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Verdicts in Michigan governor kidnapping plot fuels questions on white extremism


Violent white and antigovernment extremists are increasingly drawing the scrutiny of federal authorities. But the recent mistrials and acquittals in a high-profile case may have far-reaching implications. The case involved four men charged with plotting to kidnap Governor Gretchen Whitmer of Michigan back in 2020. And to talk more about it, we're joined now by NPR's Odette Yousef, who covers domestic extremism. Hey, Odette.


CHANG: OK. So I remember back in October of 2020 when these arrests happened. Can you just remind us, like, what led up to this case?

YOUSEF: Sure. The investigation started when a man found a group called The Wolverine Watchmen on Facebook, apparently talking about killing law enforcement officers, and he notified local police. Well, he became an FBI informant. And ultimately, 14 men were charged at the state or federal levels for allegedly conspiring to kidnap Governor Whitmer, supposedly because they were upset about the anti-COVID lockdowns in the state. Four of those, Ailsa, stood trial in federal court these last two months, and the jury could not come to a decision about two of them. But what's really remarkable is that they acquitted the other two, and that's notable for those who studied this so-called entrapment defense.

CHANG: Right. Entrapment is a defense that rarely works, but it worked in this case. Can you just explain what these defendants were arguing when they say they were entrapped?

YOUSEF: They argued that the government essentially drove the plot that they were accused of through its use of undercover agents and paid informants. You know, the FBI often uses sting operations in counterterrorism cases. But, you know, as you said, defendants don't always invoke the entrapment defense because it's a pretty narrow legal standard. I spoke with Jesse Norris about this. He's a professor at SUNY Fredonia. He says the entrapment defense has been used hundreds of times since 9/11. But by his count, this is the first time it succeeded in winning acquittals.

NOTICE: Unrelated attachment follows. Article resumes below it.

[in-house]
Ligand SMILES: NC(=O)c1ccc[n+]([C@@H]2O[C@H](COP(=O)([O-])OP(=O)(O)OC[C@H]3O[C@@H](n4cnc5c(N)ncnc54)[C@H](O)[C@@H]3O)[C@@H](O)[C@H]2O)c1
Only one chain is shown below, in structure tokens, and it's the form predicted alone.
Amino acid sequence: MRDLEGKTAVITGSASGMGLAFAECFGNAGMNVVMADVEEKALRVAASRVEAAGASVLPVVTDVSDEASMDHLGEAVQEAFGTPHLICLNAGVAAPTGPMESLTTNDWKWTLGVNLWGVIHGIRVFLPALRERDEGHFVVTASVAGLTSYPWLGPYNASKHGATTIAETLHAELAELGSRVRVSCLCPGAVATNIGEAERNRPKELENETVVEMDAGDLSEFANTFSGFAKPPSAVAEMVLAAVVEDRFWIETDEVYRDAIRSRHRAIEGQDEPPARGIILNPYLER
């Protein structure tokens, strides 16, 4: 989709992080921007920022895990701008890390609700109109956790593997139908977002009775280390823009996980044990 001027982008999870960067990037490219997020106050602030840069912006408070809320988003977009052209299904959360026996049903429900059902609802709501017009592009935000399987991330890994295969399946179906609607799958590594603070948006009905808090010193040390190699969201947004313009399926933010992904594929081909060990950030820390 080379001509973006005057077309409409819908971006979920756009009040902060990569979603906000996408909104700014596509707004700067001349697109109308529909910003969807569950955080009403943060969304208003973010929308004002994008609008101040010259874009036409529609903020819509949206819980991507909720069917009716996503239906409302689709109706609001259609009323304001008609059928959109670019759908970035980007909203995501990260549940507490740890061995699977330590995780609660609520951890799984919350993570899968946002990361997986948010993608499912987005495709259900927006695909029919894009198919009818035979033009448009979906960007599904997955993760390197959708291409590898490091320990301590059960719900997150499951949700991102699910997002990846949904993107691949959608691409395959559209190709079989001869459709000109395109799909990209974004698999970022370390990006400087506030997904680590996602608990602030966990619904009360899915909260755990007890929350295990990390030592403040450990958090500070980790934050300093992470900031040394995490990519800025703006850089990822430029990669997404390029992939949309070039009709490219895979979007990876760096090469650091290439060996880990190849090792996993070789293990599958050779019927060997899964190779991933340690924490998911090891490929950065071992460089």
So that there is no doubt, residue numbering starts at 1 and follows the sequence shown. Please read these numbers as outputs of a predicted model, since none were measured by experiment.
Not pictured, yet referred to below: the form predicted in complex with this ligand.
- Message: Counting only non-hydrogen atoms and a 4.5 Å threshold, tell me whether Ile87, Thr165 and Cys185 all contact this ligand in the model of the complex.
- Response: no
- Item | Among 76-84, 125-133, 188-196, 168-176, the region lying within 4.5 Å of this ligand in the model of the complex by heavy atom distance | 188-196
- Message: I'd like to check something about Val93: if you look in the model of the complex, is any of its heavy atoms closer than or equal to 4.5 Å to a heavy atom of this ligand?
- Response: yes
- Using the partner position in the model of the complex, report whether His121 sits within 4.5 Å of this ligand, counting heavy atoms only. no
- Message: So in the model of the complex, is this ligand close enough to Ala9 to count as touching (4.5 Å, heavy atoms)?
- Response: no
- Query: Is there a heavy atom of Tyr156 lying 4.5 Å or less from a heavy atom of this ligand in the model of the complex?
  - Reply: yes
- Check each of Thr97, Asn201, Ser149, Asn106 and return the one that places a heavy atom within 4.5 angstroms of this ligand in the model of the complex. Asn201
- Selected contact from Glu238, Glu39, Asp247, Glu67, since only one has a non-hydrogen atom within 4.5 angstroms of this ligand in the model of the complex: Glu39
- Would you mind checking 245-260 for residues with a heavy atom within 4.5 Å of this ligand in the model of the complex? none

JESSE NORRIS: Critics have been arguing that the FBI is engaging in entrapment in terrorism cases for many years. And one of the FBI's stock responses to that argument is that, well, they've raised the entrapment defense before, and it's always failed. But I think now that argument's gone.

YOUSEF: And the government's level of involvement in this case, Ailsa, was something that the defense really focused on. You know, some informants were paid tens of thousands of dollars. And there were allegedly more than a dozen informants and several undercover FBI agents, which would altogether have been more than the number of people that were ultimately charged in the alleged plot.

CHANG: OK. So why did the entrapment defense actually work here? Like, what was different about this case?

YOUSEF: Yeah, I put that question to Ramzi Kassem. He's a law professor at the City University of New York, where he directs something called the CLEAR project. He says the only real difference he saw was in the identity of the defendants and how the case was presented to the public.

RAMZI KASSEM: This was a case involving white male defendants. It was presented as a so-called domestic terrorism case, whereas in the run of post-9/11 cases, those cases have involved Black and/or brown but, in any event, Muslim-identified defendants. And the majority of those cases were presented as international terrorism. Because they were otherized in a number of ways, I think the fact-finders in those cases were far less likely to be receptive of the entrapment defense.

CHANG: That is so interesting and kind of disturbing. I mean, this loss for the government on this case, what do you think it means moving forward?

YOUSEF: Well, Ailsa, we're in a climate now where more Americans hold antigovernment views or at least a mistrust of the government. And so as we consider that more counterterrorism cases will have white defendants who espouse those views, we have to acknowledge that more jurors may identify with them to some extent. So prosecutors really will need to convince jurors that the targets were being investigated for criminal activity rather than their political beliefs. There's also this risk that government losses in a case like this can inspire future violent extremism.

CHANG: That is NPR's Odette Yousef. Thank you, Odette.

YOUSEF: Thank you. Transcript provided by NPR, Copyright NPR.

Odette Yousef
Odette Yousef is a National Security correspondent focusing on extremism.
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